In 2010, the JFBA said that indefinite sentences in most cases had become de facto life sentences, regardless of the crime committed. As of the end of 2015 there were 1,835 prisoners serving indefinite sentences, 45 percent of whom were over 60. Twelve had been in prison for more than 50 years.
“More people serving indefinite sentences die in prison than get paroled,” Hamai said.
And yet the public thinks the opposite — that mukichōeki inmates tend to go free after 10 years or so. Hamai’s interviewer, critic Chiki Ogiue, said this is the fault of the media, which, when covering sensational murder trials, imply that anything less than a death penalty could result in a convicted killer going free after a certain period of time, since criminals with indefinite sentences can apply for parole. But they never report how that never happens. This myth partly explains why the Japanese public supports capital punishment.
One reason so few paroles are granted is structural. The JFBA insists that there are not enough qualified officers to supervise parolees and ex-convicts, and 80 percent of the existing officers are already over 60. This shortage of human resources puts back pressure on the system. Last year, only 31 parole cases were heard.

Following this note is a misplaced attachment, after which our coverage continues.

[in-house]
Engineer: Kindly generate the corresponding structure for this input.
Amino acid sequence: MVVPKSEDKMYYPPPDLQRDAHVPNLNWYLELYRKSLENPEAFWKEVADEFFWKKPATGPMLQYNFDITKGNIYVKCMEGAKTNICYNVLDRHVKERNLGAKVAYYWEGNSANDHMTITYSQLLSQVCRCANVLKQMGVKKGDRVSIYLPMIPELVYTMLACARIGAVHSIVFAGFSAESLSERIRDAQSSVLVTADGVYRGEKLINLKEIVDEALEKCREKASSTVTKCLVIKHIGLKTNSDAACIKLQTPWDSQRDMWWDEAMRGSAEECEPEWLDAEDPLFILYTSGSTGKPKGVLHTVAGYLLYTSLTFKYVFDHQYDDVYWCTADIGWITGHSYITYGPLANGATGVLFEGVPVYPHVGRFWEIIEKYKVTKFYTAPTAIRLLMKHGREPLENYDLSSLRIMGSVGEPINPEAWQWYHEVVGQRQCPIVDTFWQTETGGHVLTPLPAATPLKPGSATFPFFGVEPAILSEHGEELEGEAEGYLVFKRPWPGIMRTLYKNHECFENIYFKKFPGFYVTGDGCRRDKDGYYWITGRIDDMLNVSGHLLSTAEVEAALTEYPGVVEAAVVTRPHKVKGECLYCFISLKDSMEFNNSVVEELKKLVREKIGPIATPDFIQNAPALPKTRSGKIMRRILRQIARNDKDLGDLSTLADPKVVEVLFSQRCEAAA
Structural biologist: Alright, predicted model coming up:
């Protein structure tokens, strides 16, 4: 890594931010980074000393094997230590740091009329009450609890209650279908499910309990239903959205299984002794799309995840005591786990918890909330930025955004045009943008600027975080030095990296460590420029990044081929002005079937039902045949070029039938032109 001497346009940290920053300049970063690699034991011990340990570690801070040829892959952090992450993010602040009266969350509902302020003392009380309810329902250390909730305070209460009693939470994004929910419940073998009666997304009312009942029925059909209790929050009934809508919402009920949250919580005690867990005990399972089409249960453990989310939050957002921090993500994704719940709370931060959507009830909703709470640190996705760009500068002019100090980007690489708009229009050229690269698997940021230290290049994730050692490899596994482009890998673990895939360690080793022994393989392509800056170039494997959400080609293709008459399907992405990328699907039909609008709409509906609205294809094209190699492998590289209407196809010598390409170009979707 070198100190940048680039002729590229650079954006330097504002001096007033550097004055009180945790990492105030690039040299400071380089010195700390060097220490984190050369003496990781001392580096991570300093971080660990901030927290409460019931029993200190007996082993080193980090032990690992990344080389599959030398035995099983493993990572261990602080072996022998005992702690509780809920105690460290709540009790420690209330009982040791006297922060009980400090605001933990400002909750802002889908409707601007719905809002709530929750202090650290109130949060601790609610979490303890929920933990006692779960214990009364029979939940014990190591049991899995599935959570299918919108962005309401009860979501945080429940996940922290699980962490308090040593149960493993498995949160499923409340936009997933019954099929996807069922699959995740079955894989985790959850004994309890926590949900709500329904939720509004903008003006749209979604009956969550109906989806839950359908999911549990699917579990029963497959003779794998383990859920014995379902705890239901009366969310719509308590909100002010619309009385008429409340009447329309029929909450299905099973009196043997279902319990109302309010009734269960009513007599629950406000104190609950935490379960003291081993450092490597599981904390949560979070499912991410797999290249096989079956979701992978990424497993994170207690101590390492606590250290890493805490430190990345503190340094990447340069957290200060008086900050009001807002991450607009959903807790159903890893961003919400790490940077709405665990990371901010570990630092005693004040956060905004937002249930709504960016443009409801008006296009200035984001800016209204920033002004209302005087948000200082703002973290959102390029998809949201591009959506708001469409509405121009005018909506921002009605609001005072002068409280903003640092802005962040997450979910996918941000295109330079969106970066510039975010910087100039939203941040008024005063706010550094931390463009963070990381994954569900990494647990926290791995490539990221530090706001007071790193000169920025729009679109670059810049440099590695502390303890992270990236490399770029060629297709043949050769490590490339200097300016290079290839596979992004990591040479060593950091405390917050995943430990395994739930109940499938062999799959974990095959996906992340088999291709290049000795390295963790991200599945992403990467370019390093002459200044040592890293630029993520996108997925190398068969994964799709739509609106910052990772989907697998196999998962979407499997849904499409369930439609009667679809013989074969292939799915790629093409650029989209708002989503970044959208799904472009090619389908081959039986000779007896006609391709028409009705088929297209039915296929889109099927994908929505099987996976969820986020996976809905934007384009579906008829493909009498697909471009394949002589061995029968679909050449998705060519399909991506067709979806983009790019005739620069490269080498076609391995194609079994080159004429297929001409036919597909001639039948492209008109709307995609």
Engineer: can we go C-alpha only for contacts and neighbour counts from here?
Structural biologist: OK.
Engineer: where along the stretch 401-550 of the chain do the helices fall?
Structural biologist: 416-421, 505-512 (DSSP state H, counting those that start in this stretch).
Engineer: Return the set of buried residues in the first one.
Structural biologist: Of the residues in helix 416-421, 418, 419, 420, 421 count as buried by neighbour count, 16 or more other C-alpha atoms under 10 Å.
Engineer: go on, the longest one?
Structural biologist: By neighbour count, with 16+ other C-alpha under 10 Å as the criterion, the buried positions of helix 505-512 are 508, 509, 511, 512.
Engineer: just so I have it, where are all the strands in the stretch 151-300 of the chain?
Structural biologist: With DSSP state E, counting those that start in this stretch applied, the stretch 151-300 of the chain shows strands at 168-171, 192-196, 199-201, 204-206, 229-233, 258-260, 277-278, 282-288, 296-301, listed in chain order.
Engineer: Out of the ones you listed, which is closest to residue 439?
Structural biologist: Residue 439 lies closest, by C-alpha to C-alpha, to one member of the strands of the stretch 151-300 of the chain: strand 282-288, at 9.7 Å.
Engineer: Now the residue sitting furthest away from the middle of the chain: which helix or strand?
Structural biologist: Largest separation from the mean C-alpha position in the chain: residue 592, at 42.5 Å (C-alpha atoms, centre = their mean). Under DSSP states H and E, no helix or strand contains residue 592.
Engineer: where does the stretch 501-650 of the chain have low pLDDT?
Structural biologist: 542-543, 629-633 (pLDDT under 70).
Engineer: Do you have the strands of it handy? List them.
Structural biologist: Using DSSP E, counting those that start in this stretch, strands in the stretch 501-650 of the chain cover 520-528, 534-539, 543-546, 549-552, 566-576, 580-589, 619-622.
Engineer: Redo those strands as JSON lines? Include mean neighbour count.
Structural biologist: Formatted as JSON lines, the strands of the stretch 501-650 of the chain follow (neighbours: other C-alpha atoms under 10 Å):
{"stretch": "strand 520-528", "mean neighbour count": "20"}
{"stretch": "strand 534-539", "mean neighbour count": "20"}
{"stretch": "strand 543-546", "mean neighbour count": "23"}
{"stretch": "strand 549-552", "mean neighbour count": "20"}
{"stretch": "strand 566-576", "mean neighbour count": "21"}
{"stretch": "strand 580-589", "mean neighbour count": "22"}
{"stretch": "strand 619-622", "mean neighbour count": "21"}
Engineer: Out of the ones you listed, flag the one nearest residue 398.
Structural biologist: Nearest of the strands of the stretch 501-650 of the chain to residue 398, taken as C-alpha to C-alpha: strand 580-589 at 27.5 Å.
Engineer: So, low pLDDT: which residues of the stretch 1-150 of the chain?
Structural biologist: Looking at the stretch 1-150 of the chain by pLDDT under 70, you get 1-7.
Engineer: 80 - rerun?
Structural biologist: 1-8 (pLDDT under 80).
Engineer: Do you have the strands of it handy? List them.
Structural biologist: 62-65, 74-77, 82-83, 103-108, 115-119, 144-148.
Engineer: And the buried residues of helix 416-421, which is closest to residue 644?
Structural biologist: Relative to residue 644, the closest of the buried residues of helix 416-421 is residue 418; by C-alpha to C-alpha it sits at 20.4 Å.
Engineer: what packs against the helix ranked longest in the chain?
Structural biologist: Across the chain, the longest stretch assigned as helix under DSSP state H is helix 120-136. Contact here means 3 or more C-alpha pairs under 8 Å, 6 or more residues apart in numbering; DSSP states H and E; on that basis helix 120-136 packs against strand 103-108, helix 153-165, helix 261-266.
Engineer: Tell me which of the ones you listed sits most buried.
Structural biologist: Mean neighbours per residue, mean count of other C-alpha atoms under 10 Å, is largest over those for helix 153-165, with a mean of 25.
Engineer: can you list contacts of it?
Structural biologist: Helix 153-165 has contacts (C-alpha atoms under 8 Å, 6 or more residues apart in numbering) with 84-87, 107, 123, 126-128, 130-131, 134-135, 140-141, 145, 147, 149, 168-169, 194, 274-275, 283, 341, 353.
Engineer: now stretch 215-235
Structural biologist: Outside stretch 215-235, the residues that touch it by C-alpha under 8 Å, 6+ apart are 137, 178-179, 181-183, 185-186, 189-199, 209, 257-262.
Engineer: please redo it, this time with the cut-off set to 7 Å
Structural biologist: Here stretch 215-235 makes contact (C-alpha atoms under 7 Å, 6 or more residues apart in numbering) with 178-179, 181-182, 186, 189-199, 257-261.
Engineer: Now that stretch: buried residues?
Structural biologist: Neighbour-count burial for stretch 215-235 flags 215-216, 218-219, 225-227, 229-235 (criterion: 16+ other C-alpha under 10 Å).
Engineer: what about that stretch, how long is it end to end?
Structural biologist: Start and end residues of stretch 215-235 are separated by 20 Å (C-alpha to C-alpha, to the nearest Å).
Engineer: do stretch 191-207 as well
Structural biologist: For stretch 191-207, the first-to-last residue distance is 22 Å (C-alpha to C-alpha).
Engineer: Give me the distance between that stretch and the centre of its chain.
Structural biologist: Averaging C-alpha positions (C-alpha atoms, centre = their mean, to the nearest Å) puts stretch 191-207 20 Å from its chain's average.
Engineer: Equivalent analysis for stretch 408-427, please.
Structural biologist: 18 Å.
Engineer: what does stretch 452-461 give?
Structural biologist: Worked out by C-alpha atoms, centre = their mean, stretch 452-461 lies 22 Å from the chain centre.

Shinichi Ishizuka, a law professor, told the Asahi that the number of indefinite sentences has increased in the past two decades and placed a substantial burden on Japan’s prison system. He says the government has a responsibility to “create an environment where (ex-convicts) can return to society.”
Right now, the government is discussing a new bill that will allow individuals to be tried as adults at age 18 instead of 20. The policy for juvenile offenders is to rehabilitate them. That’s why they are sent to “correction facilities” and not prisons, which are places of punishment.
Another Asahi report, published Jan. 23, says that the Justice Ministry responded to criticism of the bill by opening up possibilities for new forms of sentencing that will incorporate rehabilitation. Judges may be required to postpone sentencing for certain nonviolent crimes so that they can determine whether or not a convicted criminal “is capable of being rehabilitated.” Another change would be to offer educational opportunities to inmates who are now required to perform labor — printing, woodworking — that is skilled but not necessarily in demand on the outside.
The Justice Ministry says it will form an advisory panel next month to study these changes, any of which would be monumental given that the Criminal Code hasn’t been amended for more than a century. The media’s focus on the aging prison population could help make such progress possible by also showing the public how inmates have human rights and prisons in their current capacity are simply dumping grounds for society’s losers.